They suggested that government reduced taxes to stimulate economic growth, explaining that higher taxes, as being exacted on virtually every good or service by government,  to deal with the present economic difficulties have served to increase the cost of doing business in Ghana compared with neighbouring countries and would reduce economic growth.

                      “The plain truth is that import duties in Ghana are too high and discourage production and investment.  In the globally competitive world that we find ourselves today, most countries that manufacture goods for export also import a significant proportion of their raw materials.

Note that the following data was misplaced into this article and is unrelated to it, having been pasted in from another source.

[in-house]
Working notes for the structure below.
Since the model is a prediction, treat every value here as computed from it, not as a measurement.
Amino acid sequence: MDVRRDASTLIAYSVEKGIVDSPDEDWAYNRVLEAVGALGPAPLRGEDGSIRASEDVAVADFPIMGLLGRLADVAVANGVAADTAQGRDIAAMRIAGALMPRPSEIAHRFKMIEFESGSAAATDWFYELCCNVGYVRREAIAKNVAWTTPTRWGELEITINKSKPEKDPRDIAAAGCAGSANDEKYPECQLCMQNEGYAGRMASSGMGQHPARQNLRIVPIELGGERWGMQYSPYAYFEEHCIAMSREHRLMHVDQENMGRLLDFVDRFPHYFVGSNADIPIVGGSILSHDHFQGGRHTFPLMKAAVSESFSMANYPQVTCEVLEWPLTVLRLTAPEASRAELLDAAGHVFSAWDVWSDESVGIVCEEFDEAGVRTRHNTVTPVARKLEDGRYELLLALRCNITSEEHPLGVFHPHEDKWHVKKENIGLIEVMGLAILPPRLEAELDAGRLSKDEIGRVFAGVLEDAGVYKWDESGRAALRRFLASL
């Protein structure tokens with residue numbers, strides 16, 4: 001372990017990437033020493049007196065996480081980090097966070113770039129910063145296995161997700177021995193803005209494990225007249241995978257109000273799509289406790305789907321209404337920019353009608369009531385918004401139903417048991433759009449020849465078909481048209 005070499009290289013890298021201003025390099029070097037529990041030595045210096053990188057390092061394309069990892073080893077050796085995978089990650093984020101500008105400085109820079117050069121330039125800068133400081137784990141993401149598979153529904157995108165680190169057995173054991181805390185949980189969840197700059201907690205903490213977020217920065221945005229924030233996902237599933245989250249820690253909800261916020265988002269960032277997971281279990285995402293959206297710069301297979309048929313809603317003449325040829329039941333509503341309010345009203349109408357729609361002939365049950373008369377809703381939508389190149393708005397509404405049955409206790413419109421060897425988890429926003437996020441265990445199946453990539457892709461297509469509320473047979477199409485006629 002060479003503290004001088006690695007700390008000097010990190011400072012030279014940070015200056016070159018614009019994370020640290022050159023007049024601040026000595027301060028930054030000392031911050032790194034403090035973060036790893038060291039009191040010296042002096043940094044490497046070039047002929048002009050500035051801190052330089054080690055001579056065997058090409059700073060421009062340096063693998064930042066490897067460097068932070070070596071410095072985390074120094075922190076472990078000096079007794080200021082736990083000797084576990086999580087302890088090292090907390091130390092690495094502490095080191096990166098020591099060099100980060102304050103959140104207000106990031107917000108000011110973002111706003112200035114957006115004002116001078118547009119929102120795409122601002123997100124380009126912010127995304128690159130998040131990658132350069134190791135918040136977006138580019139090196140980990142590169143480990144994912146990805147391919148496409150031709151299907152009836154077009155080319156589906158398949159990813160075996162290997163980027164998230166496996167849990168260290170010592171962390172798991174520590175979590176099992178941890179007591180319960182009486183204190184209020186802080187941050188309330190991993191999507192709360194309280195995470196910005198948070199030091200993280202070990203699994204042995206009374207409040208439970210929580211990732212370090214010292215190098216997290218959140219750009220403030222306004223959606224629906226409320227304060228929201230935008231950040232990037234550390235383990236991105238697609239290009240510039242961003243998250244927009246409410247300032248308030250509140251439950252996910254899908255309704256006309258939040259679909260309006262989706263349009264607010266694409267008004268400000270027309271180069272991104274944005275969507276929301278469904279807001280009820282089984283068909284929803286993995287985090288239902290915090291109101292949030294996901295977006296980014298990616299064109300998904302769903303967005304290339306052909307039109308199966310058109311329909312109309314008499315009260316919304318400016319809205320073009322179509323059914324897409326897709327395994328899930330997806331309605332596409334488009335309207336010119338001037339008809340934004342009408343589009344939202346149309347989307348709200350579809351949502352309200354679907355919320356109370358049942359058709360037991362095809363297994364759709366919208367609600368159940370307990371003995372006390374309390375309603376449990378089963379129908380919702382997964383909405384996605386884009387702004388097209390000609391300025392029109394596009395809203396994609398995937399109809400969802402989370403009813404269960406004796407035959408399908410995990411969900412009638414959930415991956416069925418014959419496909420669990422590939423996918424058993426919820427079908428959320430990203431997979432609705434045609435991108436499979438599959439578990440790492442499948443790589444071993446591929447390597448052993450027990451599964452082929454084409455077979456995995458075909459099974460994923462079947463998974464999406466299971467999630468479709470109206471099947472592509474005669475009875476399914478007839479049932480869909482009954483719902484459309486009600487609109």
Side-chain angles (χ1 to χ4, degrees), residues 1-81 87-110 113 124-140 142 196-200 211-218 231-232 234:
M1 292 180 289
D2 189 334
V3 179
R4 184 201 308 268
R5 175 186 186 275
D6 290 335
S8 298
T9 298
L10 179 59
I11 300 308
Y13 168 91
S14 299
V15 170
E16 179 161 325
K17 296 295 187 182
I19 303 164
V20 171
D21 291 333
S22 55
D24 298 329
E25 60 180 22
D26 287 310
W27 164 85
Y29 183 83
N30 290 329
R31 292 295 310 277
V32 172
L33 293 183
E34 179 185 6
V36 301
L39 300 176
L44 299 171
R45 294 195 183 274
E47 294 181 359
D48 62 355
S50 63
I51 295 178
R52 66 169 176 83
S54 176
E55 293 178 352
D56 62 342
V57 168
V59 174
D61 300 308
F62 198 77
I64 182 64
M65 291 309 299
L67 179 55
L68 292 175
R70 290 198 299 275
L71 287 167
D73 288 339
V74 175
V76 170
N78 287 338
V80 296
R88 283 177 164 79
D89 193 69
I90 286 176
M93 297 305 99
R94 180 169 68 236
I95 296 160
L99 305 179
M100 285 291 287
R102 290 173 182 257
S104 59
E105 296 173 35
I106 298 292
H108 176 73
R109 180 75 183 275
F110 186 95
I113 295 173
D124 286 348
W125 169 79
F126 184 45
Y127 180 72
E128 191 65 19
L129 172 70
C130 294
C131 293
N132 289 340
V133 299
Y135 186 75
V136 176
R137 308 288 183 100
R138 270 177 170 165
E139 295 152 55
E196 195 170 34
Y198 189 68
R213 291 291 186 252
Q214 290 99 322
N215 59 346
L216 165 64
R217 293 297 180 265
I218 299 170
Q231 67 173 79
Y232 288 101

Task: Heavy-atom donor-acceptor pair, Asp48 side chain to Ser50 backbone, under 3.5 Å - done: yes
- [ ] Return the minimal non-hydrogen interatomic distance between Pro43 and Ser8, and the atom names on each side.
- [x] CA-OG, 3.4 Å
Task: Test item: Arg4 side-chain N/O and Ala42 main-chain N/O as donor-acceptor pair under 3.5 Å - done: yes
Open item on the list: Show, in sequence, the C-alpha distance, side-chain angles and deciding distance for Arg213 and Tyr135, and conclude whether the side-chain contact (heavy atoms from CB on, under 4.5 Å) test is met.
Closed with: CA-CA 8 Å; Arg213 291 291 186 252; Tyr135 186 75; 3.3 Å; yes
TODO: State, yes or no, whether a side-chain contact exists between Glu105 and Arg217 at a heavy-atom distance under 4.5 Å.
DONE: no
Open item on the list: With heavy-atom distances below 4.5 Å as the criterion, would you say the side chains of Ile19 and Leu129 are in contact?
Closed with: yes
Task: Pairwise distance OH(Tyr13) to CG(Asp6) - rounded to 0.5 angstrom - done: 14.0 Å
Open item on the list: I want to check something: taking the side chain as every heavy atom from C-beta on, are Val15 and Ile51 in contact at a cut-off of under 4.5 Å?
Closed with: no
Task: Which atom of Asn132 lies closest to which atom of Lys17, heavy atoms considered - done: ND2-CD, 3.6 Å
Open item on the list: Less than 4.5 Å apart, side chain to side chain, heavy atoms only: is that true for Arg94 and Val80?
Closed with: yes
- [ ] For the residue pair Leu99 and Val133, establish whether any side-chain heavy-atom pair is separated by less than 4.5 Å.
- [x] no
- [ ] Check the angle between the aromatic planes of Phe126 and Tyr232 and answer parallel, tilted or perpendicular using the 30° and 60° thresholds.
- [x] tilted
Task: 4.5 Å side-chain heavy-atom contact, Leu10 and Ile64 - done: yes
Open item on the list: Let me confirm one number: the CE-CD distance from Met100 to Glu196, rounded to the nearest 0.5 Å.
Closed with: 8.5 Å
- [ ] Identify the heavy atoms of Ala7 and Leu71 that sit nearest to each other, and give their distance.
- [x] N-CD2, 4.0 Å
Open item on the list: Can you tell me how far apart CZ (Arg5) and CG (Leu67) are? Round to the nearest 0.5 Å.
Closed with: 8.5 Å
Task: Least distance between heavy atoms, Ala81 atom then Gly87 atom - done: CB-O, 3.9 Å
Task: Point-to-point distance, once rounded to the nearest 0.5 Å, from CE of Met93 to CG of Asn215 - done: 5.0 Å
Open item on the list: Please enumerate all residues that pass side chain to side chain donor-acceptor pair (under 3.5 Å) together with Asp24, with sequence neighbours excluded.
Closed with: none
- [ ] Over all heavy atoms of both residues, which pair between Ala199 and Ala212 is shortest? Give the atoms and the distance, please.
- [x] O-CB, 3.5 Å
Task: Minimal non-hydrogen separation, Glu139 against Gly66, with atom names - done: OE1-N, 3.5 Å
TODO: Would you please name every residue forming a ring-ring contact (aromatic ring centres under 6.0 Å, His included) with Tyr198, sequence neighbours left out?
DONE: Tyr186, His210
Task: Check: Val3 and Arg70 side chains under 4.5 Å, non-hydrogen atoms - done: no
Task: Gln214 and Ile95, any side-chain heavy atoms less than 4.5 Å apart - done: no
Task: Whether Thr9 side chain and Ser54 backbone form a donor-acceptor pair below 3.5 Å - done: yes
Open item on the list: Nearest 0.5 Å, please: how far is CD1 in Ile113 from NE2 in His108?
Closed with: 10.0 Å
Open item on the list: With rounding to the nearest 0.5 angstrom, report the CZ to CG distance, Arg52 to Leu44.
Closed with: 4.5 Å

“These countries have come to understand that high import tariffs can increase their cost of production, and make them uncompetitive globally, and therefore to support higher production and exports, import tariffs are kept relatively low. The philosophy of taxing everything to raise revenue must be re-examined. It is possible for one to actually raise more revenue by reducing taxes to stimulate production,” the Minority said.

                       Government, the Minority said, should urgently cut down on borrowing, because this would worsen the country’s fiscal and current account situation and make Ghana’s debt unsustainable.

                       They also recommended that the Bank of Ghana reversed the directive forcing conversion into cedis of repatriated export earnings, and the forces conversion into cedis of withdrawals from foreign currency account to restore confidence in the banking system